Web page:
The Malone University Writers Series brings authors of distinction and promise to campus for public readings as well as to work with students as part of our creative writing major.
Just a few of the writers who have visited in the recent past include Scott Russell Sanders, Pattiann Rogers, Scott Cairns, Gina Oschner, G.C. Waldrep, John Gallaher, Angie Estes, Erin McGraw, William Lychack, Jamaal May, Aaron Belz, and Julia Kasdorf.
All are welcome at the below events, free of charge. For information about the Writers Series or the Creative Writing Program, contact John Estes at 330-471-8365.
Tuesday, January 27, 7 p.m.
Graduate Student Reading - Pitt MFA Students
Emily Maloney, Kelly Andrews,Morgan Kayser
Emily Maloney is an emergency medical technician, an MFA candidate in nonfiction, an MA candidate in bioethics, and a teacher of writing at the University of Pittsburgh. Her work has most recently appeared in Ploughshares online, the American Journal of Nursing, North American Review, Yale Journal for Humanities in Medicine, and Word Riot.
Kelly Andrews's poems have appeared or are forthcoming in PANK, IDK Magazine, Uppagus, Weave Magazine, Pear Noir, and elsewhere. Her chapbook Mule Skinner is forthcoming with Dancing Girl Press, 2014. She also coedits the online journal Pretty Owl Poetry and has a hand in creating B.E. Quarterly, a sometimes-quarterly zine.
Morgan Kayser spends her academic year as a composition instructor and MFA candidate in fiction at the University of Pittsburgh and her summers working with high schoolers at the University of Virginia Young Writers Workshop. Her work has appeared in The Yeti and Molotov Cocktail.
Wednesday, February 11
Benefit Dinner: Time/Location TBA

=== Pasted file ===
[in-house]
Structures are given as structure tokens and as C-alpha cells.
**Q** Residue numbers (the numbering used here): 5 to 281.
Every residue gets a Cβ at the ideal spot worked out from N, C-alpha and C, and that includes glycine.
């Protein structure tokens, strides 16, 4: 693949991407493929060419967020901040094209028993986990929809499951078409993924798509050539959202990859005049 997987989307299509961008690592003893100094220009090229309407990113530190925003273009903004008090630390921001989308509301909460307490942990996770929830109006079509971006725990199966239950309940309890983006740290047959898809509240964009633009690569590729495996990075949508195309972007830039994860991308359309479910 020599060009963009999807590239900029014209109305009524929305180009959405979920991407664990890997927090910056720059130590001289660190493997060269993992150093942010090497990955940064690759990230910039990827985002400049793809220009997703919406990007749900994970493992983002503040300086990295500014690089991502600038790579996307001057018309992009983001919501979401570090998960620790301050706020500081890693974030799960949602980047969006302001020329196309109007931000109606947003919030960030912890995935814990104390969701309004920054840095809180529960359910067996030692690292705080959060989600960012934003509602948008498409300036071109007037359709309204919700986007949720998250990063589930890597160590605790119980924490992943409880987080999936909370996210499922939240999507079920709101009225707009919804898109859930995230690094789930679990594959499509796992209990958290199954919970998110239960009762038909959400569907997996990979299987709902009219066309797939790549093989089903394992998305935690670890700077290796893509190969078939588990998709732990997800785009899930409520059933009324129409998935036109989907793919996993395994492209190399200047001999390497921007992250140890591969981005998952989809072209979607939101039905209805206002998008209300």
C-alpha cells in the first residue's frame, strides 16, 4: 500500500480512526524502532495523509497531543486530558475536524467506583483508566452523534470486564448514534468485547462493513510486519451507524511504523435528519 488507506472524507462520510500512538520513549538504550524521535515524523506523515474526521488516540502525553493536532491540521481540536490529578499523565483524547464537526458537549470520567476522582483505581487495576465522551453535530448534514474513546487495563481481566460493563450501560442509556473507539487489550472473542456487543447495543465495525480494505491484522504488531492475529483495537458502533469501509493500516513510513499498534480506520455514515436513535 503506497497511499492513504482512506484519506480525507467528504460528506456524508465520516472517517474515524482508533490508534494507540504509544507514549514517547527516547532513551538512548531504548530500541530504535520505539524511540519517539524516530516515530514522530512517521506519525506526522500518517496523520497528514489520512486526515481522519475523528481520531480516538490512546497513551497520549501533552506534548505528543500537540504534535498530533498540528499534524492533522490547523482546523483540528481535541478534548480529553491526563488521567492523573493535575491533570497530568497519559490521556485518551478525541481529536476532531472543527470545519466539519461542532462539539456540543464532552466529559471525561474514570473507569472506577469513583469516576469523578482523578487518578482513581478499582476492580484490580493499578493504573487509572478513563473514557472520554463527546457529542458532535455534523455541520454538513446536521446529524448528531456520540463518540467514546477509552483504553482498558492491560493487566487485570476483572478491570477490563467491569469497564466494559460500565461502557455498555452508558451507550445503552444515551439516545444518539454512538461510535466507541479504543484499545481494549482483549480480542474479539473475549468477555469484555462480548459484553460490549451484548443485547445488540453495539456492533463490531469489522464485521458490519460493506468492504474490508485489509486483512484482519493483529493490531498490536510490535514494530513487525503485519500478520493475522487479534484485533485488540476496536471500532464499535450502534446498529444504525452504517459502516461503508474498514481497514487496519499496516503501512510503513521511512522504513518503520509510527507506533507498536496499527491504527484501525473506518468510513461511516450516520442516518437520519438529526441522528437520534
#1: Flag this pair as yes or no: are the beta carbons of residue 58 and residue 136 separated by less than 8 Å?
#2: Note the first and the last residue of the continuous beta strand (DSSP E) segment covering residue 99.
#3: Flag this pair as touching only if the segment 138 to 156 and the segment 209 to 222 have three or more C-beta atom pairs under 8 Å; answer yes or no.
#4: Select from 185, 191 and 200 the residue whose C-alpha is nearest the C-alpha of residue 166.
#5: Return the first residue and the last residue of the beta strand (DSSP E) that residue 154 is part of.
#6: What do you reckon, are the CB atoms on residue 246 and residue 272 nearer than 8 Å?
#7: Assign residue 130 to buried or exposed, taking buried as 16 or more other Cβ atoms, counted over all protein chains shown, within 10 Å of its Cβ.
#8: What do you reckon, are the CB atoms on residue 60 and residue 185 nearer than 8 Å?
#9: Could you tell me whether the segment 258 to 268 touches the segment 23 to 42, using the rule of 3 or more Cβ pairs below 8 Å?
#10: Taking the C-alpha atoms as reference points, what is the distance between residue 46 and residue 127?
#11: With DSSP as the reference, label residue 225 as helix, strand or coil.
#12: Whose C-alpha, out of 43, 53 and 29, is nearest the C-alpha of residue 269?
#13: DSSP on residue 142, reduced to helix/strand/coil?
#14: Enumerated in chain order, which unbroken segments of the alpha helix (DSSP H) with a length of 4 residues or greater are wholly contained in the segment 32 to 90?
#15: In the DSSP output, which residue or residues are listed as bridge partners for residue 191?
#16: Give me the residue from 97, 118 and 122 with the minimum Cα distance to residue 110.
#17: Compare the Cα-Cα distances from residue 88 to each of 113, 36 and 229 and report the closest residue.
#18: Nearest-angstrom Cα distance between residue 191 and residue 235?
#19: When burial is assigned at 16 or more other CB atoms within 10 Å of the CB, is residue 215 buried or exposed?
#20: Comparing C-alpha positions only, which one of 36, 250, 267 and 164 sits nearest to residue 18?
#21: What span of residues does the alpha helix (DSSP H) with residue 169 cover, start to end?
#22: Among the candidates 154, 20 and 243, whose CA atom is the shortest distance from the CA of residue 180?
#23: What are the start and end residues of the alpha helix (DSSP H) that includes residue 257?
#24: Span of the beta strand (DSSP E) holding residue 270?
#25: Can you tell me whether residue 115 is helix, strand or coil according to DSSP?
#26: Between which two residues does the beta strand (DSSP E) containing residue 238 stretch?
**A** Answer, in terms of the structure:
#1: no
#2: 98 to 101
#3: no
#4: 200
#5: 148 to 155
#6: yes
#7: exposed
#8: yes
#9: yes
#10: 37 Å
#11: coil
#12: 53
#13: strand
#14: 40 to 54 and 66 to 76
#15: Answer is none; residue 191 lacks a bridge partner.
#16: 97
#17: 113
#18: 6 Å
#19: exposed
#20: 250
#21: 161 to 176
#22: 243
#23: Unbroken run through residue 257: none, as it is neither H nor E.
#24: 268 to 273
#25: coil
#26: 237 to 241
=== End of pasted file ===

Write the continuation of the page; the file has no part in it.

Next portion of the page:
Michael Dirda, a weekly book columnist for The Washington Post, is the author of the memoir An Open Book and of four collections of
essays: Readings, Bound to Please, Book by Book and Classics for Pleasure. His latest book, On Conan Doyle, received a 2012 Edgar Allan Poe Award from the Mystery Writers of America. He is a regular contributor to The New York Review of Books and the Times Literary Supplement, and a columnist for the online Barnes and Noble Review. In 1993 he received the Pulitzer Prize for distinguished criticism.
Monday, March 9, 7 p.m.
Kimberly Johnson & Jay Hopler
Kimberly Johnson is the author of three collections of poetry, most recently Uncommon Prayer, and of a translation of Virgil's Georgics: A Poem of the Land. Her poems, translations, and scholarly essays have appeared in The New Yorker, Slate, and Milton Quarterly, among other publications. With her husband, the poet Jay Hopler, she edited Before the Door of God: An Anthology of Devotional Poetry, which was published by Yale University Press in 2013. Recipient of fellowships from the Guggenheim Foundation and the NEA, Johnson lives in Salt Lake City, Utah.
Jay Hopler’s first book of poems, Green Squall (Yale University Press, 2006), was chosen by Louise Glück for the 2005 Yale Series of Younger Poets Award. Other books include The Killing Spirit: An Anthology of Murder-for-Hire, and most recently, Before the Door of God: An Anthology of Devotional Poetry (edited with Kimberly Johnson). He lives in Tampa and is Associate Professor of English at the University of South Florida. See more about Jay's work at jayhopler.com.
Thursday, March 26, 7 p.m.
New poems from L. S. Klatt have appeared in VOLT, Harvard Review, The Iowa Review, Colorado Review, Crazyhorse, Phoebe, American Letters & Commentary, and The Common. His first volume of poetry, Interloper, won the Juniper Prize. Cloud of Ink, his second collection, was awarded the Iowa Poetry Prize. A third book, Sunshine Wound, is due out in December from Free Verse Editions (Parlor Press). He teaches at Calvin College in Grand Rapids, where he was recently named the city’s Poet Laureate for 2014-2017.